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Thread: subwoofers and bass 101

  1. #11
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    Quote Originally Posted by Quinn
    The idea of 0 as reference is that you calibrated your system to 0 being reference level of 85dB or 75 dB whichever you subscribe to as being reference level.
    Quinn - good explaination. Dodgerblue - as an example, I have set up my H/K receiver to be at 70 dB's (give or take a decible) with each speaker using an analog SPL from Radio Shack. I did it via DVD and my digital connection with the receiver setting at -27. So theortically, at -27 my system will play a DVD at 70 db's. However, in actuality it varies as it is each speaker - one at a time, that I have calibrated, with my sub running a little bit hot. With all of the speakers firing it is louder than 70 db's at -27, though again it varies depending on the source material. This is why I normally run it around -30. So, when I go to -10, I've added 17 dB's in volume or 87 dB's total - to EACH speaker which is much too loud in my room for most material. Hope this makes sense (I'm afraid I'm not very good at explaining things like this at times) but it's the best way I can describe it. I could calibrate at 0, but it would be in the 95 db range at that point for each speaker which is much too loud in my room. You also have to take into account room gain - but that's a totally different subject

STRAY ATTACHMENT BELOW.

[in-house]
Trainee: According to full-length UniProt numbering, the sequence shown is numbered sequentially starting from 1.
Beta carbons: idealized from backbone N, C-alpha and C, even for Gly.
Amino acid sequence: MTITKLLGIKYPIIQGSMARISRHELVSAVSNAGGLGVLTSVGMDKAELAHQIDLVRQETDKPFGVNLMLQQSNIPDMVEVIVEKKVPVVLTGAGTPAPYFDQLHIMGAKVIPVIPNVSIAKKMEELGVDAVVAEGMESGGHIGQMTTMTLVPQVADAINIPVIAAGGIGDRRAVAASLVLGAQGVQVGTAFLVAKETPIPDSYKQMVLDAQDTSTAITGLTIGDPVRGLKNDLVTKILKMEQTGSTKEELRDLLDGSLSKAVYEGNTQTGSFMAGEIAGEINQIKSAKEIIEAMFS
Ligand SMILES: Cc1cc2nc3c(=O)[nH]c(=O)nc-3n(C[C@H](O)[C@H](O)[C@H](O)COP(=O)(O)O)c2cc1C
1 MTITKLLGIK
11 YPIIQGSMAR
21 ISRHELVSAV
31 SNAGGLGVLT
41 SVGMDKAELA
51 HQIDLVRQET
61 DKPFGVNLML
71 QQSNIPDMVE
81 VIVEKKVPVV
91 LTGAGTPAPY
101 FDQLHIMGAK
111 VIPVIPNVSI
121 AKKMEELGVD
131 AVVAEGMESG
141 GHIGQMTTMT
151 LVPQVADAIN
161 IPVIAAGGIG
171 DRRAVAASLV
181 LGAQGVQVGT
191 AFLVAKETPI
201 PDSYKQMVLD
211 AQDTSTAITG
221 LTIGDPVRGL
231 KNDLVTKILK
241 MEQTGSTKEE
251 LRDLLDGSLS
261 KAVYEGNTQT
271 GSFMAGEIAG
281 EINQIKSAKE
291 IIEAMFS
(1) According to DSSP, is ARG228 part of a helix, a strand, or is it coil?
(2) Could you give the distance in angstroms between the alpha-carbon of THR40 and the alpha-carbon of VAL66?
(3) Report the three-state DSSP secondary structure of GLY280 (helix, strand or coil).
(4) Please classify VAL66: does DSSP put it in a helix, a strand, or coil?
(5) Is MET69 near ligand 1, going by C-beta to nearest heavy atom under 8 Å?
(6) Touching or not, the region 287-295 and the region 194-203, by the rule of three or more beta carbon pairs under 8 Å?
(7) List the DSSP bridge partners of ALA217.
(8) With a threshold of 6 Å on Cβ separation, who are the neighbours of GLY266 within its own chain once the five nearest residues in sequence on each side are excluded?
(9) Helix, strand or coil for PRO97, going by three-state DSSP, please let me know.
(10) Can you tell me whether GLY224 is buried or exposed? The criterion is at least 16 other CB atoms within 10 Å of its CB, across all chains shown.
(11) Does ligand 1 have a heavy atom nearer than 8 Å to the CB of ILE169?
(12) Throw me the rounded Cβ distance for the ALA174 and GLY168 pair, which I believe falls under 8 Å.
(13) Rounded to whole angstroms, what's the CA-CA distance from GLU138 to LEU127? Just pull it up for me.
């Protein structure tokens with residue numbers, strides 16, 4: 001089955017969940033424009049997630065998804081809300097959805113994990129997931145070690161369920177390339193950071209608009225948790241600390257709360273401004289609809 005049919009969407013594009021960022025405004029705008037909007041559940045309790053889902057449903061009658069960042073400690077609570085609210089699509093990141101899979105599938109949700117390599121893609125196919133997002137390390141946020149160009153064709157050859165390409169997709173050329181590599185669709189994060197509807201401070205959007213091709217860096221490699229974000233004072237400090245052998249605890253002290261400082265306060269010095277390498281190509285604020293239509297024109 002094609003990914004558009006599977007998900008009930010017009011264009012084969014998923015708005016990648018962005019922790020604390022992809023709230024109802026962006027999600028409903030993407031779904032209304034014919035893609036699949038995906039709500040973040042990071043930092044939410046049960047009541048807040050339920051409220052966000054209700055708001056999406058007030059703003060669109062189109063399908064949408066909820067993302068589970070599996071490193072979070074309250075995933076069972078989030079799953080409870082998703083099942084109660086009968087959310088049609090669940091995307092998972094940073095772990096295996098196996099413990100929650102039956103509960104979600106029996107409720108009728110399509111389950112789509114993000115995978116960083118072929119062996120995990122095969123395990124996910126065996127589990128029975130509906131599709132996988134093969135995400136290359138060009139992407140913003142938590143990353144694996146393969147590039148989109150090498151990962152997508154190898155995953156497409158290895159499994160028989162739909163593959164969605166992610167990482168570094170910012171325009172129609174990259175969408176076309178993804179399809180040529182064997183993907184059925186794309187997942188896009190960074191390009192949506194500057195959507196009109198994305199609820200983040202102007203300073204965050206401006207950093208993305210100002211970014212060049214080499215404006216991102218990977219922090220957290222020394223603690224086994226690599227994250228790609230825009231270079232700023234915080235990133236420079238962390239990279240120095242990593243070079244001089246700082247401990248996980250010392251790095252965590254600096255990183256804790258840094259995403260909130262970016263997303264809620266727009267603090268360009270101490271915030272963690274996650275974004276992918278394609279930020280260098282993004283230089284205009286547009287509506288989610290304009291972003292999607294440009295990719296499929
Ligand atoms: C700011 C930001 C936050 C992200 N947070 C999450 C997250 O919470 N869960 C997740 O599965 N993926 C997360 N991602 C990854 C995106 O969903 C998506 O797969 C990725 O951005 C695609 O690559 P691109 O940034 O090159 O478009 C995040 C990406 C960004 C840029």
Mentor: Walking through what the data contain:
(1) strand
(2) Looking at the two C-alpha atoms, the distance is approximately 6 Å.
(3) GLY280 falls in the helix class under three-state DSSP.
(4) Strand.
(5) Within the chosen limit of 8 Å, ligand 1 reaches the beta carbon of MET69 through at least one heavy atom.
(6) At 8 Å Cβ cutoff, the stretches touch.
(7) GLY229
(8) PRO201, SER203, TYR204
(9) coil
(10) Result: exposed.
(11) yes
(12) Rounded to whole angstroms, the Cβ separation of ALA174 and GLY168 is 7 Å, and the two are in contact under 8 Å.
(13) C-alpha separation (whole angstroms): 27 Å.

2. #12
    Dave G Guest

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    Dodgeblue,

    If I were in your shoes I would get a subwoofer, but it's a judgment call. I also have a NAD C370, but my mains are CMT-340s, not CBM-170s. Even though the 340s extend a bit lower than the 170s (50Hz v. 63Hz), and even though the 340s do sound great without a sub, I've found that a sub adds noticeably and nicely to the "bottom" of the music. It's not as if the music went from bad to good with the sub, it just became nicer. Since you have 170s, the effect might be even more noticeable.

    If you'll be using this for HT as well for music, then I agree with Kpt_Krunch that you should get a sub.

    Now I have a combined HT and 2 channel music system and already had a sub when I added the C370 to the system, so I didn't have to decide whether to spend more $$ on a sub. It's a bit harder for you. If you do decide to see what a sub can do, then I'd agree with Kpt_Krunch's suggestion that you buy a sub from some place that has a 30-day no questions asked return policy. One possibility would be a Hsu Research sub, which you can purchase from Ascend.

    Good luck, and be sure to tell us what you decide to do.

    Dave

  3. #13